I was given a couple of hessian coffee bags and the size lends itself to being a hall rug. We’ll have a hallway when we renovate. It’s a bit over 2 metres long.
I’ve collected designs on Pinterest for some time and made a Short List folder and the feeling became clear. The pictures are largely German folk paintings but remind me of Heronemous Bosch, a favourite. Maybe it’ll change more, who knows? It’s not hard to over draw.
This time, unlike the footy rug, I’ll use colours that fit with how we intend to decorate. Old colours I suppose, though these things change. The figures look a bit cheesy here, but I can imagine them subtlety done and not dominant. No hurry though, I have the other rug to finish. Oh, two other rugs.
Look here.https://www.pinterest.com.au/robynemelia/rug-hooking-inspiration-for-rugs/hall-rug-short-list/
I want to use old clothes and my fabric stash, not wool.

Sunday, April 12, 2020

Baby’s Jack In The Box Wagga/Quilt

Made using an old dressing gown and some dyed blankets. Extra to rug making, I have a lot of dyed cloth here.

Just About To Steek... Bit Scared/Excited.

Alice Starmore’s ‘Thoroughbred’ using Kate Davies’s ‘ Bluebell’ as a template.
I’m up to the steeks now. It’s not designed for them as you would see (since there are no extra stitches in the middle). But it’s a bit small, or ok, the truth is, I’m a bit bigger now than when I started this in November 2015.
I had put it aside for vast periods of time, obviously.
But here we are! And I’m very excited. More excited than frightened to be fair, after watching many a tutorial and thinking and thinking about it.
The photographs don’t show the fluro nature of some of the colours. It’s at once bright and soft and I had no intention of it being so colourful but I love it. The question is, do I (after steeking ) work the bottom and neck bands before the button band. I guess so... I’ll have to think some more.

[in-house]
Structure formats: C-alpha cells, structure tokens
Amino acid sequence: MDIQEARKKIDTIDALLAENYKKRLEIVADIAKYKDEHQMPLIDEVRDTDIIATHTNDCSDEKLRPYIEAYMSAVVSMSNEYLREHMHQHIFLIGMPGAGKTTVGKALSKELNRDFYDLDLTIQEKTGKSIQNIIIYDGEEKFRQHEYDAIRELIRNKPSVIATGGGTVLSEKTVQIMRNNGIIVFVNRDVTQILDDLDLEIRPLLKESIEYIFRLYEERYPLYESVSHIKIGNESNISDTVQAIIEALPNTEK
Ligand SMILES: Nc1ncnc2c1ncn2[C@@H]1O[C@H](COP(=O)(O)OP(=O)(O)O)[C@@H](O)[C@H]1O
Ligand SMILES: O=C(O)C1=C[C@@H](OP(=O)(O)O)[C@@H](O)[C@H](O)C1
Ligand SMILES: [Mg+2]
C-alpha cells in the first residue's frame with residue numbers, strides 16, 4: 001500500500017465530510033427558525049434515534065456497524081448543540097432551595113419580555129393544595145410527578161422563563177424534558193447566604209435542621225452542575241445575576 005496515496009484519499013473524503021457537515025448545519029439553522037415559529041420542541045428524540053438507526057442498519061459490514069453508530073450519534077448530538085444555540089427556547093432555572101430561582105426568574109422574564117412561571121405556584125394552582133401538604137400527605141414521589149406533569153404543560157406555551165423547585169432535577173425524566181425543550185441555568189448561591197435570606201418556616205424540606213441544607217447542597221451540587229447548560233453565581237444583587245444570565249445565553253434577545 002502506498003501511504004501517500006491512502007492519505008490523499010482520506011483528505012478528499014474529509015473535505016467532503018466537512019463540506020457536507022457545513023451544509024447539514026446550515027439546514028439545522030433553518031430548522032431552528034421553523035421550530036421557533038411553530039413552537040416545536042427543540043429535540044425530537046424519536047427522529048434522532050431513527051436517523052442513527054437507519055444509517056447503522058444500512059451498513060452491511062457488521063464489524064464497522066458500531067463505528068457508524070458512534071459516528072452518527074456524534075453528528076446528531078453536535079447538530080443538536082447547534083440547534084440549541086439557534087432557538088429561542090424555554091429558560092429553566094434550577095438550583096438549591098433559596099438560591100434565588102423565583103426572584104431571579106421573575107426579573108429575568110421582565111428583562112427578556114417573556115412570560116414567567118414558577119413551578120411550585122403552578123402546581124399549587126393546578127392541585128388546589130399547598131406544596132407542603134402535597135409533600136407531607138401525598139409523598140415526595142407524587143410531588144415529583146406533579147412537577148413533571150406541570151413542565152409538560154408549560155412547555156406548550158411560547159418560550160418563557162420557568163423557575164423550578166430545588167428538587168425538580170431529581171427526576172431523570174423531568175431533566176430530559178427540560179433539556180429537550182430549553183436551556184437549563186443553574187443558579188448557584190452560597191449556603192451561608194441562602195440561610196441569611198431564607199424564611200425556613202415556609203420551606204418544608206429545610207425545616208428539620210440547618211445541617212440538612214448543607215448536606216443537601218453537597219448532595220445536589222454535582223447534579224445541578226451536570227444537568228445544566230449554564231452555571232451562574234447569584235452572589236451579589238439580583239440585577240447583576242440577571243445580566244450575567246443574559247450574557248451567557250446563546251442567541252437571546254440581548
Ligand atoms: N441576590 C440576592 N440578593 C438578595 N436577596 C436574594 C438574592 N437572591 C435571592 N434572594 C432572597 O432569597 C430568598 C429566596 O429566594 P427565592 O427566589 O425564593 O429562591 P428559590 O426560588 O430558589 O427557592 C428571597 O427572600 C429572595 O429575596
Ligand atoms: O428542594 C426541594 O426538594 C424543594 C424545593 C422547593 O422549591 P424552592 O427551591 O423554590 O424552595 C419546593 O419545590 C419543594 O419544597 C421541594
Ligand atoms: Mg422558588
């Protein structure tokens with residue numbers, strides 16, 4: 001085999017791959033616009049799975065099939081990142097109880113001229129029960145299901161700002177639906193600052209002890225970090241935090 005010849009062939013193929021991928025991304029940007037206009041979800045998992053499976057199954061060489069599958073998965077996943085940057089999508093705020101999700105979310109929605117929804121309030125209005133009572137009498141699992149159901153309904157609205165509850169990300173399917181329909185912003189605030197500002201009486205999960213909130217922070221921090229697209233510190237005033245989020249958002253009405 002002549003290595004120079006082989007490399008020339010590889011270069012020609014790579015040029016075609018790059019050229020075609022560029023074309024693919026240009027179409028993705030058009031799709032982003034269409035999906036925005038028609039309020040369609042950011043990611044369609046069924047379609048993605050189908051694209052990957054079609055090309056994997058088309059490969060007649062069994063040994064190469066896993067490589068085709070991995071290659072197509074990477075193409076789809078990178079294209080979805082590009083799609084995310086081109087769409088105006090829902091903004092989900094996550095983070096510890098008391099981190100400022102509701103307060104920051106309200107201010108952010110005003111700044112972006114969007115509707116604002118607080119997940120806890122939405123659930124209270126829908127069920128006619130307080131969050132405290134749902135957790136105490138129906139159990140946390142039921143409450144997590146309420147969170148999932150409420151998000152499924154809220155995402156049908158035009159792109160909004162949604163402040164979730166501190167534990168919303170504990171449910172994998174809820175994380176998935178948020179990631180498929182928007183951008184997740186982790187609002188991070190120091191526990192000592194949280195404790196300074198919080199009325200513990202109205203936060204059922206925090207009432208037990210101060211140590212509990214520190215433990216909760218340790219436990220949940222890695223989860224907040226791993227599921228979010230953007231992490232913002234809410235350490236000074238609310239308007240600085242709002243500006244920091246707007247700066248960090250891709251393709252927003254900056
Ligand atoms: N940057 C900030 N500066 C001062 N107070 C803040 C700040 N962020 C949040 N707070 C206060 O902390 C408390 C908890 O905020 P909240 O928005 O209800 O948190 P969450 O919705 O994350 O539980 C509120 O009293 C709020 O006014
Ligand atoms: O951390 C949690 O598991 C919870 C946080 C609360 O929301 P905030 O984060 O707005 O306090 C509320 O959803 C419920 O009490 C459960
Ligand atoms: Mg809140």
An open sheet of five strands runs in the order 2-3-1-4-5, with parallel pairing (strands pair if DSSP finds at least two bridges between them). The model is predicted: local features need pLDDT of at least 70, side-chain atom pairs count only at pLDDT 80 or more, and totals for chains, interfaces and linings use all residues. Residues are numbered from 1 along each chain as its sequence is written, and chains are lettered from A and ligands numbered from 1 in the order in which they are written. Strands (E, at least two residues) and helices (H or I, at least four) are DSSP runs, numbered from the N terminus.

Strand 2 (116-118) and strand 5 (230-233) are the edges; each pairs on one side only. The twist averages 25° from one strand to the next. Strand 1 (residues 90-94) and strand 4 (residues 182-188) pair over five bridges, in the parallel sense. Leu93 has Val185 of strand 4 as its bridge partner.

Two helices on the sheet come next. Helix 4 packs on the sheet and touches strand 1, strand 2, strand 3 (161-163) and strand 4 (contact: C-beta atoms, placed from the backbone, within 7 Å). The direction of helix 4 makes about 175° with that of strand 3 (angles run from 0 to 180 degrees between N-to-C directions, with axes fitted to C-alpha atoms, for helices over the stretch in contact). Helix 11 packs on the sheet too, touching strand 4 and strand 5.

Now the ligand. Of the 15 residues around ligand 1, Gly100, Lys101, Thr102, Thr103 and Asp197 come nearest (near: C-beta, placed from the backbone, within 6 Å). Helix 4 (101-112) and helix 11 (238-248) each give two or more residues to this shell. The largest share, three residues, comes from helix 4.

Wednesday, April 08, 2020

Lock Down Stash Down Endeavor

Vintage fabric lined with a soft cotton muslin. The cord, ribbon and ric-rac comes from Mum's stash and probably originally from Grandma. I've had the felt forever. 

This was the first in this fabric and I had no more of the cord nor any pom-poms. So disappointed until I raided the Major (as opposed to minor) trim box. There are little lace motifs above the pom-poms too. 

This is the most gorgeous wool flannel and again, the gross-grain tape comes from Mum's stash. I had a time getting the ribbon through the felt whatsits and used an awl followed by a big knitting needle to force a hole.

The green with pink roses has been in my stash for over a decade (as in, not so long). I had wanted a shirt but those days are done. The tie is done Knitting Nancy style, with a windy thing, not no pins.

These two little crocheted florets were on a little bag of nothing much at an op shop. This is one I'm keeping. You buy these little blossoms because they're pretty and they sit there until a purpose presents itself.

Mostly bought new fabric, excepting for the brown on beige floral, which was a 50's dress. You can't see, but the lining is a flesh coloured cotton Mum had for her doll making.

The main cloth is decades old, from my early patchwork days. I love this one. Feels Japanese.

Made mostly from a little bag of bits I bought at the Wandin North Primary School Harvest Festival, just pre lockdown., as is the bottom bag.